Invariably it's not the concept of devising a strategy that was wrong, but the way that it was done. I'm a firm believer that having a good fundraising strategy is of paramount importance, even if changing circumstances force you to tweak it later. In the words of former US president Dwight Eisenhower: “In preparing for battle I have always found that plans are useless, but planning is indispensable.”
Having spent much of the past 18 months supporting small charities to develop a fundraising strategy, I wanted to share my top ten tips for doing this effectively:
1. Involve the right people – be clear about who needs to be involved in the process. Varied expertise is important but too many voices can confuse or derail progress. The full Board may wish to delegate most of the work to a sub-committee. Senior staff should be able to input and take ownership. You might decide that you need external expertise from a fundraising consultant.
2. Establish a timescale - trustees and senior management are busy people and the strategic process can involve a lot of research and discussion, so things can drag on. Provide all-important focus by setting deadlines along the way – for instance at the research stage, drafting and final sign-off. Be clear about when you need to have a finished strategy but also be realistic – unworkable deadlines force you to rush critical work, demotivate those involved and tend to be ignored.
3. Consider the context – you can’t make sound strategic decisions without it. It’s vital to consider factors which are both internal and external to your organisation before devising a strategy. If done properly, a SWOT analysis is the bedrock on which a robust, resilient and highly effective strategy is developed. See our helpsheet ‘The SWOT Analysis’ for more information.
4. Identify some figures – what’s the absolute minimum income needed in the coming financial year to sustain your charity’s activities? Are there any co-funding gaps and unfunded core activities or overheads which you need to be aware of? What do you hope your turnover will be in 3-5 years’ time? Fundraising always works better when it’s target-driven so start thinking about the numbers, even if you have to adjust the more long-term, aspirational figures later in the process.
5. Know your fundraising activities – before deciding what’s right for you, you need to understand the general characteristics of different activities. Research the expected return on investment, time required to achieve it, resources you need to put in and level of risk involved – there are various guides out there that will give you a useful starting point.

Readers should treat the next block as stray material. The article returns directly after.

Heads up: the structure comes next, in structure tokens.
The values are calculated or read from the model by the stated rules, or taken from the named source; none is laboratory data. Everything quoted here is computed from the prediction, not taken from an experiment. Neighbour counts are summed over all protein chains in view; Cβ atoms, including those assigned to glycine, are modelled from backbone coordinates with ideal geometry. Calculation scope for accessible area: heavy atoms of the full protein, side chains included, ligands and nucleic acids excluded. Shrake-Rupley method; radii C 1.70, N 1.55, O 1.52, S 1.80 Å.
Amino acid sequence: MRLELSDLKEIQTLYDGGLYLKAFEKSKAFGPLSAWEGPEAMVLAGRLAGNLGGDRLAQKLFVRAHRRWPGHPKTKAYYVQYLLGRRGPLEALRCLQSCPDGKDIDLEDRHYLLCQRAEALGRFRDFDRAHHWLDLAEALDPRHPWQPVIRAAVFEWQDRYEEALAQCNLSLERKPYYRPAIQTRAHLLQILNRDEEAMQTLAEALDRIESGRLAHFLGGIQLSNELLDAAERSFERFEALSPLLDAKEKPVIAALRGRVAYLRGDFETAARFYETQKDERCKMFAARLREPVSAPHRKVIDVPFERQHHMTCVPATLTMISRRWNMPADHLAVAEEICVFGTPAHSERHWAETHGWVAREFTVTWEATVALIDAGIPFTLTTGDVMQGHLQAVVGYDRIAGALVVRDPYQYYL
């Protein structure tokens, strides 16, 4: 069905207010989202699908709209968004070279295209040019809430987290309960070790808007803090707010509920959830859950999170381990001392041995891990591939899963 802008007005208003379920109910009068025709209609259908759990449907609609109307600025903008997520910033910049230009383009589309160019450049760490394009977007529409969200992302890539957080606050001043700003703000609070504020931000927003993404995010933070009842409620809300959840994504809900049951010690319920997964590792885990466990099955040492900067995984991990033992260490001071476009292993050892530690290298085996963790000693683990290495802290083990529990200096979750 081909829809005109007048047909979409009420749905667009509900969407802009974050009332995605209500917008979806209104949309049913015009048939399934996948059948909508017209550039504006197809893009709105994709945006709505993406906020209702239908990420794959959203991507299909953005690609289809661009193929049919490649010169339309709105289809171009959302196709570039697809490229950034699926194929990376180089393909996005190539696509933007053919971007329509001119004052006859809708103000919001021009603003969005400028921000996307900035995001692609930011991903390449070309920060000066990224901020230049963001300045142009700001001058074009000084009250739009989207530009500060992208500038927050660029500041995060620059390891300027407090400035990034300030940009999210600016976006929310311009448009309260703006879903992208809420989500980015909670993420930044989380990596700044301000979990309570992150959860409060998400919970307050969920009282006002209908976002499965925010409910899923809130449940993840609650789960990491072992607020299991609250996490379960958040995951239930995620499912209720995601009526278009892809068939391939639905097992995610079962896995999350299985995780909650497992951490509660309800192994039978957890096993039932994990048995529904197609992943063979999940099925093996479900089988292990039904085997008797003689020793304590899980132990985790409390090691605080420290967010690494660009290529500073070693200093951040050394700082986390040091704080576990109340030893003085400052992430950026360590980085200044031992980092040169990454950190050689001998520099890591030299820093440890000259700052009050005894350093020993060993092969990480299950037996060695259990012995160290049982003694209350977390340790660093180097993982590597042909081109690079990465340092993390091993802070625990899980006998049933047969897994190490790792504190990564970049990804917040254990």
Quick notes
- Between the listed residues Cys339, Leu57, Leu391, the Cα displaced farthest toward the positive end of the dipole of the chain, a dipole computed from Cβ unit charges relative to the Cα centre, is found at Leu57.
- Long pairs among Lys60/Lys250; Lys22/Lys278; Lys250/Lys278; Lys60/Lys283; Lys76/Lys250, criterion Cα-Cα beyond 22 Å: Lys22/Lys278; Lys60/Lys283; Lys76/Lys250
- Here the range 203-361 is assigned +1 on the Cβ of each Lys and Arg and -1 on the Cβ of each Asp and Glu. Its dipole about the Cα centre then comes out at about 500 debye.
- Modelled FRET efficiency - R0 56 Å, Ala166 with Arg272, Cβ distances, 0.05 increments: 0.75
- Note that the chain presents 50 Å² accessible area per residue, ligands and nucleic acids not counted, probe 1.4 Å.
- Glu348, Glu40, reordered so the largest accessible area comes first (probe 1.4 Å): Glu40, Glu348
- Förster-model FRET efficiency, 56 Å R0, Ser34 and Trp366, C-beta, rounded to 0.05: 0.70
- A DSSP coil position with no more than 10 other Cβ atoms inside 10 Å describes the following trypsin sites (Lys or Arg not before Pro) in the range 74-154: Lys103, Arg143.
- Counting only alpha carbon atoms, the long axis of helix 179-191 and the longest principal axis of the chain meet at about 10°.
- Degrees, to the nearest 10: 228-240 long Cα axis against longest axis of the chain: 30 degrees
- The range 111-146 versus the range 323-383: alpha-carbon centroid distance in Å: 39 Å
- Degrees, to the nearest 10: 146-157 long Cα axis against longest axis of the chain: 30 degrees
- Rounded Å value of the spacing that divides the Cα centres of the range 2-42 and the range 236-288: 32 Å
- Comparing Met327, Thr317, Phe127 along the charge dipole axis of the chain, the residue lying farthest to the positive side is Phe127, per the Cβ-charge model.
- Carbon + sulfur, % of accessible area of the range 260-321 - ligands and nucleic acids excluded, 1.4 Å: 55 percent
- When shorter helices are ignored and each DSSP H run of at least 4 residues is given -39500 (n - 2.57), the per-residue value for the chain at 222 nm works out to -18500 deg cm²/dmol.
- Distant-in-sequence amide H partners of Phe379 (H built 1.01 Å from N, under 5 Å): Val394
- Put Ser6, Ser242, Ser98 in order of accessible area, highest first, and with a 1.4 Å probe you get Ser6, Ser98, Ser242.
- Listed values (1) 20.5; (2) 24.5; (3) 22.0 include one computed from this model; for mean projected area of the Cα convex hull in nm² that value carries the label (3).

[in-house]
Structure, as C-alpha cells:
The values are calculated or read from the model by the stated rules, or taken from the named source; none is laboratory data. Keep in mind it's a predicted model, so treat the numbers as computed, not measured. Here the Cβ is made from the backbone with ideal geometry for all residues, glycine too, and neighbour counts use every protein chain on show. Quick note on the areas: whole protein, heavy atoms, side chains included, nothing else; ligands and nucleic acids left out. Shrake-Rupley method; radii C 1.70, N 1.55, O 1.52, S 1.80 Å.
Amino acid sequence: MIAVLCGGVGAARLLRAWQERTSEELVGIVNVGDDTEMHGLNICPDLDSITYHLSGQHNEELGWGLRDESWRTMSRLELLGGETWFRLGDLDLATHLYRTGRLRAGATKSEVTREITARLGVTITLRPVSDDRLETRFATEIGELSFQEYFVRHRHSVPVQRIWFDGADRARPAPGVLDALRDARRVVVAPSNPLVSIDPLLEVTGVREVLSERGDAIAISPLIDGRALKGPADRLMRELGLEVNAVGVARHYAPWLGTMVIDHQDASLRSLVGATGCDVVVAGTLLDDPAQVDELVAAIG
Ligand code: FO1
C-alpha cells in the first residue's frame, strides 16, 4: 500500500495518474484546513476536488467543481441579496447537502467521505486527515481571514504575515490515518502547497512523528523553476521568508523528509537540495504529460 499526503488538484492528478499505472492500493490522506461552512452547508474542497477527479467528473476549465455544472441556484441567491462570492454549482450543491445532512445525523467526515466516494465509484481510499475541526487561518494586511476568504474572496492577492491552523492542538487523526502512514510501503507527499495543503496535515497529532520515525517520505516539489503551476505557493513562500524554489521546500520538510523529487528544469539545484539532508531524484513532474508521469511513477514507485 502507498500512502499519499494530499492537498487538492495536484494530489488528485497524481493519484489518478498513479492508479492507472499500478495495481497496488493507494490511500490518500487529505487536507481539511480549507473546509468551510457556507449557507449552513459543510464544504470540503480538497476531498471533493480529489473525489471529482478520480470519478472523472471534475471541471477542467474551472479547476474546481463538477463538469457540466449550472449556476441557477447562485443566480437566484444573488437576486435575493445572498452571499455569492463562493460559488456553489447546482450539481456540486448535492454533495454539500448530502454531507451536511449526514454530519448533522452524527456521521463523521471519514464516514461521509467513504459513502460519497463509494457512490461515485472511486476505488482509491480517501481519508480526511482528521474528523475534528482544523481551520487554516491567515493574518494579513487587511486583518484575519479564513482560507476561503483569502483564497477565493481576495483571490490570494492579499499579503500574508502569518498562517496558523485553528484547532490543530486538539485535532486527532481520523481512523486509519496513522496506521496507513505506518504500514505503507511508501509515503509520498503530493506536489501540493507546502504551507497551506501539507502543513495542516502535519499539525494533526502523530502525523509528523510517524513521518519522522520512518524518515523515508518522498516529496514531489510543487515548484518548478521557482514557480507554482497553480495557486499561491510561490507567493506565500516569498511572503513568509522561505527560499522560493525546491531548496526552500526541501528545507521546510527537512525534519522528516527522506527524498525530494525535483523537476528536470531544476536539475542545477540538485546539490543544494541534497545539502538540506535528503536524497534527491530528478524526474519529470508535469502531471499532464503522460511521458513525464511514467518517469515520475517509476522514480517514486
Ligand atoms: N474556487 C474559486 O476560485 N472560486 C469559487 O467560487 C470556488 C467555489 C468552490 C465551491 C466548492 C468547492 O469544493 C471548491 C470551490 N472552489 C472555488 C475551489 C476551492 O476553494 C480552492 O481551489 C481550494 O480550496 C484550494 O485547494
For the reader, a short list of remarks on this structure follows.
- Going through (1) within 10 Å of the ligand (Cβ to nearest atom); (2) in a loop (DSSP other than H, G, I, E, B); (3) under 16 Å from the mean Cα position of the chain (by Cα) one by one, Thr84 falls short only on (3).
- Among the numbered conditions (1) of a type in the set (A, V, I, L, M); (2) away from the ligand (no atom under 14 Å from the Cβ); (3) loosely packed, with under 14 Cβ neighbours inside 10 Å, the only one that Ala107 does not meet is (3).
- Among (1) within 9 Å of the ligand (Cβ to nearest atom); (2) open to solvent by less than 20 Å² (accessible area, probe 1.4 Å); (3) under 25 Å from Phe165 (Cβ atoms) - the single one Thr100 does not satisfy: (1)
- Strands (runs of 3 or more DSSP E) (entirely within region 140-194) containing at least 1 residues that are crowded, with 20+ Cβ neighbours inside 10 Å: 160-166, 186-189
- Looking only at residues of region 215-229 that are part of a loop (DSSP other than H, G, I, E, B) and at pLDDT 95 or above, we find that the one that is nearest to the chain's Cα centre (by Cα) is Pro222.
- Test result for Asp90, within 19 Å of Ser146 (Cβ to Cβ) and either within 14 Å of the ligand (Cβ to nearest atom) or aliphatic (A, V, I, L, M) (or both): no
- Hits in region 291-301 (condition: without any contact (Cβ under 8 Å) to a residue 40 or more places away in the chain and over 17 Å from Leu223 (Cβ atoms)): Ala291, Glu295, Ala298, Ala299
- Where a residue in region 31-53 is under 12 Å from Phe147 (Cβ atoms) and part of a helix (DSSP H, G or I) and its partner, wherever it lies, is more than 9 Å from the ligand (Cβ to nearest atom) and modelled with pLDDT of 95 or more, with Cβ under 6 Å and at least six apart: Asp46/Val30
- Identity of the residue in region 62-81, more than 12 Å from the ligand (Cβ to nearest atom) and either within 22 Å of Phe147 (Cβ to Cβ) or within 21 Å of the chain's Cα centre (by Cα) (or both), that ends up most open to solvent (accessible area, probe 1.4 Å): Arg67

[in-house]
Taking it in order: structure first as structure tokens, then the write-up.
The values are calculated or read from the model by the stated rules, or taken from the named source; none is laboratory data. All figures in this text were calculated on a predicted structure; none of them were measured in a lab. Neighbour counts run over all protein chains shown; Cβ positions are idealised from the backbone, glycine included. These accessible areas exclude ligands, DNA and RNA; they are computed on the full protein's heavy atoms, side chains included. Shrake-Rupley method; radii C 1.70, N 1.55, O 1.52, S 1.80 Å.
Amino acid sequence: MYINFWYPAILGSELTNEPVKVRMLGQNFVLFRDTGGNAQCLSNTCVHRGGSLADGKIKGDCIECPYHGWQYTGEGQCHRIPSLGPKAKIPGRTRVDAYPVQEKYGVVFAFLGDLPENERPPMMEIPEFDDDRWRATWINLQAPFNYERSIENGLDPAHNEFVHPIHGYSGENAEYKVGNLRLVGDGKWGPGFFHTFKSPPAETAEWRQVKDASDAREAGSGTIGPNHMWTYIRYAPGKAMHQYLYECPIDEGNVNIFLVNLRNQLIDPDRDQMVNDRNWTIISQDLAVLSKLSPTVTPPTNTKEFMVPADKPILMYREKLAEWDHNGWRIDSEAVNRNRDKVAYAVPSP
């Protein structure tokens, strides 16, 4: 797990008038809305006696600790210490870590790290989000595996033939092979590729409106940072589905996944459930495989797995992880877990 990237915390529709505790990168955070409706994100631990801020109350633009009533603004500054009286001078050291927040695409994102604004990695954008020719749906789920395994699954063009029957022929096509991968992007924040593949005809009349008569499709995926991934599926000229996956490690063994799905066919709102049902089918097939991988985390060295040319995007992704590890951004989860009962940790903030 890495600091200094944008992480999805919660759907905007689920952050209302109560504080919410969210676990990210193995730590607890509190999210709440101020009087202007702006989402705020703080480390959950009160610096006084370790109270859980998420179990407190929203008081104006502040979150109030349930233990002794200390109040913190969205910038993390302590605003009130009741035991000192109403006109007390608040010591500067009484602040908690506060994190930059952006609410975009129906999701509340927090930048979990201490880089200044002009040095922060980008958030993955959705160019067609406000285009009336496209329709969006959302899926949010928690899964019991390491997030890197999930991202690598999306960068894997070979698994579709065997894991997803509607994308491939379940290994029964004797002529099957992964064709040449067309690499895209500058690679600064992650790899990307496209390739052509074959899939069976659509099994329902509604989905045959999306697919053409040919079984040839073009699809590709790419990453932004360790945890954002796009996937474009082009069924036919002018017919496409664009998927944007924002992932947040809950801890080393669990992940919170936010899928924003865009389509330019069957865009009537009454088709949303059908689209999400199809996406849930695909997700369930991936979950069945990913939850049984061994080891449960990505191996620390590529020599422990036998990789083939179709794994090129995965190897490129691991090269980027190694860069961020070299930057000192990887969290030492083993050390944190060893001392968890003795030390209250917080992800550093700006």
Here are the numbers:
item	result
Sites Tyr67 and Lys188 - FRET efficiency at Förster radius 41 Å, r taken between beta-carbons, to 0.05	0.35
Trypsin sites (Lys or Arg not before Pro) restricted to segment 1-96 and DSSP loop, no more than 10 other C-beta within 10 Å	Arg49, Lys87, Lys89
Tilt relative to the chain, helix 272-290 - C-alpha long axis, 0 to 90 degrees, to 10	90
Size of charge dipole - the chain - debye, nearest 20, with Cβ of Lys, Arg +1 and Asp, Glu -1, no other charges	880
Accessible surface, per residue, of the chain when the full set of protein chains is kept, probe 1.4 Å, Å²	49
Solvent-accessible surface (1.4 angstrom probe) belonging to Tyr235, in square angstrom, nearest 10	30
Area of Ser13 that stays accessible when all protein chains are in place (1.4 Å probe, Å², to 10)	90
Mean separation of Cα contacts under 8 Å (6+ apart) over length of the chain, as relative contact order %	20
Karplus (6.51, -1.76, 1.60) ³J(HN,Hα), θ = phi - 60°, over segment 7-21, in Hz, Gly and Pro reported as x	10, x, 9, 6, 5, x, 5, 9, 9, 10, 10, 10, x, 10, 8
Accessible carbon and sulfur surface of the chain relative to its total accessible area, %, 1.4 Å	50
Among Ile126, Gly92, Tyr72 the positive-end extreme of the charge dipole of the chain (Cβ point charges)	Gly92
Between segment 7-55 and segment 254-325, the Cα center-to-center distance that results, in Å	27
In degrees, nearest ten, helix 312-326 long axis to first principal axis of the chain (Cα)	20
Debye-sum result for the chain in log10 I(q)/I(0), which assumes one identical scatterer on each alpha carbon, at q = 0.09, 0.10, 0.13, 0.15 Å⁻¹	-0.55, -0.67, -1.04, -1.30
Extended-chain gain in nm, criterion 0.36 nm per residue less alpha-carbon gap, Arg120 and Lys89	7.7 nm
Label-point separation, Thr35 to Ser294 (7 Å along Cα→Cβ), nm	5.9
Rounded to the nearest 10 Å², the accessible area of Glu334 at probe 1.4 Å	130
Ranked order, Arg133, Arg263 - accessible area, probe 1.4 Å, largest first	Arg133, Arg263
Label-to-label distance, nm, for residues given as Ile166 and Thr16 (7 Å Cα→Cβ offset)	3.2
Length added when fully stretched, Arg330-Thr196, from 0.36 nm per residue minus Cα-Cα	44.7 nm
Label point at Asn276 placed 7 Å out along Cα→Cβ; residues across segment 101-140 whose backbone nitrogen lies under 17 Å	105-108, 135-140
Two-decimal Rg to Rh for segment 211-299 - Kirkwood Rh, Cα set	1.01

6. Aim for balance – the ideal fundraising portfolio balances high-risk and low-risk options; quick wins and slow burners. Invest in several activities which take many years to bear fruit and you’ll run out of money before success arrives. Focus only on stable options with little growth potential and you’ll never be able to take the charity to the next level and will probably hit problems later.
7. Play to your strengths – if you’ve done a proper SWOT analysis then a clear picture should be emerging which will inform your final decisions. Be clear on what your ‘unfair advantages’ are – does your charity have strong links with big companies, in-house experience in events fundraising or trustees who are well connected with trusts and foundations? An effective fundraising strategy must play to these strengths – don’t make your job harder than it needs to be.
8. Be prepared to discard options – many charities make the mistake of overcommitting themselves. If you try to do too much, you’ll end up doing a lot of things badly. Be clear on the limitation of your resources and don’t be tempted to pursue every opportunity – the ideas which you discard are as important as those which you choose to invest in.
9. Set realistic targets – aim low and you might just achieve it, but with little reward. Aiming high is important but being completely unrealistic is a sure-fire way to demoralise staff. Use your general fundraising knowledge (see 5. above) to set realistic targets. Crucially, think about outputs as well as outcomes – there’s little point in measuring trust income in the early months, but knowing how many carefully targeted applications are being sent each month is important.
10. Commit to a plan – the worst type of fundraising strategy is one which is re-written every year. Commit to a plan and give staff the time and space to execute it – nothing erodes confidence like suddenly switching focus to a new idea just because another charity has had some success with it, or giving up on something before it’s had time to bear fruit. Establish a clear timeframe, monitor progress, and don’t deviate unless there’s a really compelling reason to do so.
What do you think of these tips? Do you have any of your own advice to add? Please comment below and let us know!
I've done a few slightly silly things for charity over the years that have had me questioning my common sense. I’ve tackled numerous running and cycling challenges that I was wholly unprepared for and even hitch-hiked to a whole different continent. But it was another challenge that really took the biscuit – or three to be precise.
In April I took part in Live Below The Line, which challenges participants to live on just £1 per day for five days.
I didn't give this much thought before signing up and it was much harder than I expected – turns out that surviving on 800 calories per day and constantly thinking ahead to your next meal isn't a great approach when you’re trying to establish a new business.
The stories I shared across the week paint a picture of my increasingly desperate mental state. I lamented a microwave accident that saw my meagre portion of porridge oats boil over and debated eating the remains off the turntable. I rejoiced the arrival of ‘treat day’ which brought three mini sausages in my half a can of baked beans – hello protein!